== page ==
The rise and influence of social media is having a significant impact on risk managers today.
Amid a hot political climate, a growing sense of public discontent and distrust of government in the US is changing the risk landscape for Marilyn Rivers, director risk and safety for the city of Saratoga Springs in New York.
With the average citizen now equipped with a smartphone, the risk of an incident escalating or being misconstrued is higher than ever.
“Someone once said a picture is worth a thousand words, but it has the capacity to be taken out of context because it’s one view from one individual,” Rivers told Corporate Risk and Insurance.
Today, an ordinary situation has the capacity to create violence or distrust – and the speed with which information can travel makes mitigating the risk all but impossible.
“We all have cameras in our phones, and a situation is a snapshot away,” Rivers said. “On social media, as we look at a snapshot we are looking at it from one angle, from one individual who is taking a snippet of what might be a more complex situation. It makes it harder to manage the risk of a situation, and to try and mitigate the outcome associated with what might have happened.”
That’s not just a challenge for the public sector, but the private sector too, which also faces the growing threat of reputational risk.
“One camera and one view from a social media post really can significantly alter the reality of any community, any entity, any business,” Rivers said.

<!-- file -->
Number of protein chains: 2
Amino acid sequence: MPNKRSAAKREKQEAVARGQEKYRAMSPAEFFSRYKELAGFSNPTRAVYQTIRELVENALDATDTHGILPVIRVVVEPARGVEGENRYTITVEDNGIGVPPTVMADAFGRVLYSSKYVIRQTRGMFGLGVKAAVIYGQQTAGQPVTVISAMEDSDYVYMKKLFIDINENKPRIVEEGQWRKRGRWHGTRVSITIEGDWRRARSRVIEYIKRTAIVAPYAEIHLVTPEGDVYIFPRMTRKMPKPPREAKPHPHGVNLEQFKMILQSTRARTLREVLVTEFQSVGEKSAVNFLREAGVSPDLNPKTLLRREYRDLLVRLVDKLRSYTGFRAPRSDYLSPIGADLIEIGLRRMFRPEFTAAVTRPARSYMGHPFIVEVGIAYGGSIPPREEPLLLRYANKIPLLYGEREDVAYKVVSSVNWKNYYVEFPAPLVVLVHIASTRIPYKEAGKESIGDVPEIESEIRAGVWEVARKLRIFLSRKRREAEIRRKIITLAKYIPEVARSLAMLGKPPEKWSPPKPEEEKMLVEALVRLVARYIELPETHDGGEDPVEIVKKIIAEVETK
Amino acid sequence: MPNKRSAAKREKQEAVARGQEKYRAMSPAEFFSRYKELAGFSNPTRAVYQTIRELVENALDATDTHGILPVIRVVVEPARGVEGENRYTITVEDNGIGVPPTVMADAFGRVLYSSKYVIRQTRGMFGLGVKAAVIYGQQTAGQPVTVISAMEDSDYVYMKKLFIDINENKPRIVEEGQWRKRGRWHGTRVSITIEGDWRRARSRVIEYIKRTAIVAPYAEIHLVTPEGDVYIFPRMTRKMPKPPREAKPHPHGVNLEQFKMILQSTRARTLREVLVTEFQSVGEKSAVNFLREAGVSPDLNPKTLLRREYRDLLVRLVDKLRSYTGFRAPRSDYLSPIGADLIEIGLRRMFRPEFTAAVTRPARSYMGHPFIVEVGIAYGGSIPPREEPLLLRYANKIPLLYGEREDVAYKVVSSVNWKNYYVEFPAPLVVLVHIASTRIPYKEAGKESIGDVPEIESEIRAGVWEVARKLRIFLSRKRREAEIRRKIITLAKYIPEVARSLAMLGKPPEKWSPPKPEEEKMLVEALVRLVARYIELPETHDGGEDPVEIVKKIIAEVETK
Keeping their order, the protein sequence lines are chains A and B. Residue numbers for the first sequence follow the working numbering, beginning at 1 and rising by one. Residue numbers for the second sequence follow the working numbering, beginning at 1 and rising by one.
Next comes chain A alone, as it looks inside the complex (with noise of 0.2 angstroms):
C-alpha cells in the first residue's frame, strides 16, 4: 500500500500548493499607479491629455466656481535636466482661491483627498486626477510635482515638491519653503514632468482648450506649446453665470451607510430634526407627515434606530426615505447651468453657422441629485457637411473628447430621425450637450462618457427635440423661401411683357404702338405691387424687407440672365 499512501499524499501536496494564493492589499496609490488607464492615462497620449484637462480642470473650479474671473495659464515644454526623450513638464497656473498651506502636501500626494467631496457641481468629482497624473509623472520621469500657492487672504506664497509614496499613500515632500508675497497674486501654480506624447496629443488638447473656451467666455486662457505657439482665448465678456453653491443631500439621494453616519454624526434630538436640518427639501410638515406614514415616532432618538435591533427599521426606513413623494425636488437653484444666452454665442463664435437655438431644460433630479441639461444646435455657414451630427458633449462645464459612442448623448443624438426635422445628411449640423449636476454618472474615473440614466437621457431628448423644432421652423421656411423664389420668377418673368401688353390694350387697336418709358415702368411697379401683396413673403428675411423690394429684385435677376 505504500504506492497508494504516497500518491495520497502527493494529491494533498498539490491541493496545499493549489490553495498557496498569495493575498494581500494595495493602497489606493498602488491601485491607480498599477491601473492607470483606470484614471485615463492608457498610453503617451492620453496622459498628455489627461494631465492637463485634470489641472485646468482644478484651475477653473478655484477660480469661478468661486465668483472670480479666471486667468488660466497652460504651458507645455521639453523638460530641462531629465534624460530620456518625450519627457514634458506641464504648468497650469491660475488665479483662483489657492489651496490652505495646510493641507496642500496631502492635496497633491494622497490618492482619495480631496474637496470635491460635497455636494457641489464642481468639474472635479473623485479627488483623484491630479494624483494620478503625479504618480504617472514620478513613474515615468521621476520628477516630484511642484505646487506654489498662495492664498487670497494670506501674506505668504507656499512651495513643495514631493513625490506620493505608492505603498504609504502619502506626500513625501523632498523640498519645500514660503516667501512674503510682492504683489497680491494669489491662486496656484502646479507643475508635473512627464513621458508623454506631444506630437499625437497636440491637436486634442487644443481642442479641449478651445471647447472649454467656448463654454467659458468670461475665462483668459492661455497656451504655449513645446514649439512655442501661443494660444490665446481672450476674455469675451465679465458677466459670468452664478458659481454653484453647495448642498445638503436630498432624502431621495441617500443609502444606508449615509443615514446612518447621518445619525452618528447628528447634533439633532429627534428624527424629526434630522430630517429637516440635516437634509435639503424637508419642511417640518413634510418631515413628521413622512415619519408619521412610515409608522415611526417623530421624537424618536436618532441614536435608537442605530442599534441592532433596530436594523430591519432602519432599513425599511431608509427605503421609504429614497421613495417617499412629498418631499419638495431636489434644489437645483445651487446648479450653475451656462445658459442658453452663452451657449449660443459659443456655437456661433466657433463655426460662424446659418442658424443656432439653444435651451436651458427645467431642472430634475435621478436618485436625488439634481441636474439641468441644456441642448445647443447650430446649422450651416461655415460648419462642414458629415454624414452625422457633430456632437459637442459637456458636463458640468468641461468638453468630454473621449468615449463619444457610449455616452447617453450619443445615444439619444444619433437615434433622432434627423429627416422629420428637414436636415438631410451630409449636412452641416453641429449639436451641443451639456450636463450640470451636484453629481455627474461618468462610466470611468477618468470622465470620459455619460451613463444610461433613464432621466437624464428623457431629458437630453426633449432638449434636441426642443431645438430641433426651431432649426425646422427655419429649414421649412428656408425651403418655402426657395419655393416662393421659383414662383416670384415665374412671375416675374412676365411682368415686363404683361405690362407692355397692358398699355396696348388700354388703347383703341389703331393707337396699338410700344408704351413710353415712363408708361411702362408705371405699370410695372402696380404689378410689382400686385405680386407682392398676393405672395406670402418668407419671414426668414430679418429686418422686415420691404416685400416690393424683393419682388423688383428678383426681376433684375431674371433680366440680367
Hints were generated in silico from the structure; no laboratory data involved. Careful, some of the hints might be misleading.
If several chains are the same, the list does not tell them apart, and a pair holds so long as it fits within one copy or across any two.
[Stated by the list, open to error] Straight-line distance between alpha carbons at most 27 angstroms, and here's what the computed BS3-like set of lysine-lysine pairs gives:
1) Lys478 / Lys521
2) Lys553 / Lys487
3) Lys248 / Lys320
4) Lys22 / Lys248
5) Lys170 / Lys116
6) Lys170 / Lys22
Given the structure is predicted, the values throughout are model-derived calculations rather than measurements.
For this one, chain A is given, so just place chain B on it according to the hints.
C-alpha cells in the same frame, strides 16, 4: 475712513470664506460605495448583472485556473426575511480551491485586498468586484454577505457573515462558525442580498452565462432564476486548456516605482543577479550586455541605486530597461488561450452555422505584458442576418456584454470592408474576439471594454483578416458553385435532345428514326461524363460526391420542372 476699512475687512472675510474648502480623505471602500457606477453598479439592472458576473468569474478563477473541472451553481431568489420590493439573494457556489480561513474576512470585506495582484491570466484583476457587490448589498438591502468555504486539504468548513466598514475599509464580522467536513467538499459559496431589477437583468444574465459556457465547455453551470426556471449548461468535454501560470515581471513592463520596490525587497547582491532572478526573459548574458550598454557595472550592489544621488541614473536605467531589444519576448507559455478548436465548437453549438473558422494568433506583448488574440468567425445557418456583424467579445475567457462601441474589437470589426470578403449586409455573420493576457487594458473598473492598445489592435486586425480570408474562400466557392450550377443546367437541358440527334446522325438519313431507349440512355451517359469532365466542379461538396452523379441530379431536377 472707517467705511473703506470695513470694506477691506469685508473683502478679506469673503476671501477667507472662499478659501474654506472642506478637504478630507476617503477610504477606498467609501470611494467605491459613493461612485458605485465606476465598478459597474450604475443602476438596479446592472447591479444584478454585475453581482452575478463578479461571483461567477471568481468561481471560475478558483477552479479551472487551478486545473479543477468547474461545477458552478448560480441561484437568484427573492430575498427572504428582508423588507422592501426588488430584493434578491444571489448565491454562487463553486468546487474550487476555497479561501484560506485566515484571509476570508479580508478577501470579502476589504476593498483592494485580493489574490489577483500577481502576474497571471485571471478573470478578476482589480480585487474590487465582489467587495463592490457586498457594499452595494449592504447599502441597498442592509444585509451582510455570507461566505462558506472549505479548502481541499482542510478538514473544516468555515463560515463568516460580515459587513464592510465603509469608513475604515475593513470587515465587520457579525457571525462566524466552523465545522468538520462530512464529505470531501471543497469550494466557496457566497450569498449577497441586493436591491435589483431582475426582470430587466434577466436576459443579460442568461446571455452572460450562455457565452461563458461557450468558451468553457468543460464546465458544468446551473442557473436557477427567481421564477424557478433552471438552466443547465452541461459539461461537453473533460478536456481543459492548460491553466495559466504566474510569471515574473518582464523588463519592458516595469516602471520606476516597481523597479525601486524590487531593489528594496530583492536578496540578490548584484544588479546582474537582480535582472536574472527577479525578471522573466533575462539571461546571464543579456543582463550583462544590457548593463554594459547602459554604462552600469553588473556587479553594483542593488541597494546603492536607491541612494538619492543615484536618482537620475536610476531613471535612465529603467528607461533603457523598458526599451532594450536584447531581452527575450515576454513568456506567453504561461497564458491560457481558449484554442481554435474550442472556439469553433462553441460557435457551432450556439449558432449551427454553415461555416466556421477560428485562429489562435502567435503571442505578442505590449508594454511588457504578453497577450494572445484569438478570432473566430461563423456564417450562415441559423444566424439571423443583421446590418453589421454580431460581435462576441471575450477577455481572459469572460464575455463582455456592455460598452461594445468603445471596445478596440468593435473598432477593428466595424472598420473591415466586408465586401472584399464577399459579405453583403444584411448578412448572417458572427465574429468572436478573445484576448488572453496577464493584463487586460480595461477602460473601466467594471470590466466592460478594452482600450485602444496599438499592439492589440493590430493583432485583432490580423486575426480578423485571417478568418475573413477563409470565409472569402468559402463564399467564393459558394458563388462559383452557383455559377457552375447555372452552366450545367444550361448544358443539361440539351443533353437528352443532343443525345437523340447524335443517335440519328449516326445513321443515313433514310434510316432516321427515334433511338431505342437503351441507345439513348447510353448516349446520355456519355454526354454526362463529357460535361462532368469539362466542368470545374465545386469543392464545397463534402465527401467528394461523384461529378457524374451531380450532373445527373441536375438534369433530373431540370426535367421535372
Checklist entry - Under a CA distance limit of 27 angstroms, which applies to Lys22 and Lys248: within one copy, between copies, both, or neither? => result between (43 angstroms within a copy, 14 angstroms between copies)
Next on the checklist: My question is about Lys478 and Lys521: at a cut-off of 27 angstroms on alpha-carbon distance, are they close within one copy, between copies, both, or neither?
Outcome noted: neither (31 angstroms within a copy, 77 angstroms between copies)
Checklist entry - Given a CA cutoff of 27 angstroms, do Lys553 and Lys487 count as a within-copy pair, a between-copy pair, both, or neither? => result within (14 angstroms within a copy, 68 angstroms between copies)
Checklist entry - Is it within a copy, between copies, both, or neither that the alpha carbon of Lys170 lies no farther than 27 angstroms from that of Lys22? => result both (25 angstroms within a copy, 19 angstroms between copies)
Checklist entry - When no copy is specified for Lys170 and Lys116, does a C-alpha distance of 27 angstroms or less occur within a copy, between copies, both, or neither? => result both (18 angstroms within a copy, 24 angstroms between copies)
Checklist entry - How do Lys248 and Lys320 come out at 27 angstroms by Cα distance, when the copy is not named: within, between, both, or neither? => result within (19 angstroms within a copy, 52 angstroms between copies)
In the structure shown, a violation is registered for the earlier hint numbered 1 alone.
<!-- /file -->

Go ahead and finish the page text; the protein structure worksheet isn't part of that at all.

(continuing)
A particularly polarized political climate in the US is fuelling a sense among the public that government cannot be trusted, which can make putting safety and risk mitigation procedures into place more difficult.
“I’m hearing [that] across the board, at a federal, state, and even local level,” Rivers said of the changing dynamic. “We have a very diverse population. What may be socially acceptable in the South or the West might not be in the Northeast.”
“It really has a lot to do with what can be influenced. Risk and safety folks are always influencers – we are always trying to be that person that can keep that individual safe, and get them home to their families.”
The big challenge lies in finding a solution through the chaos.
“How do we all overcome that negativity? How do we define safe within our communities and our business structures? What does safe mean to us?” Rivers said. “We are not just in one tiny community measuring the risk, safety and mechanisms. We all are working together on a very small community called earth.”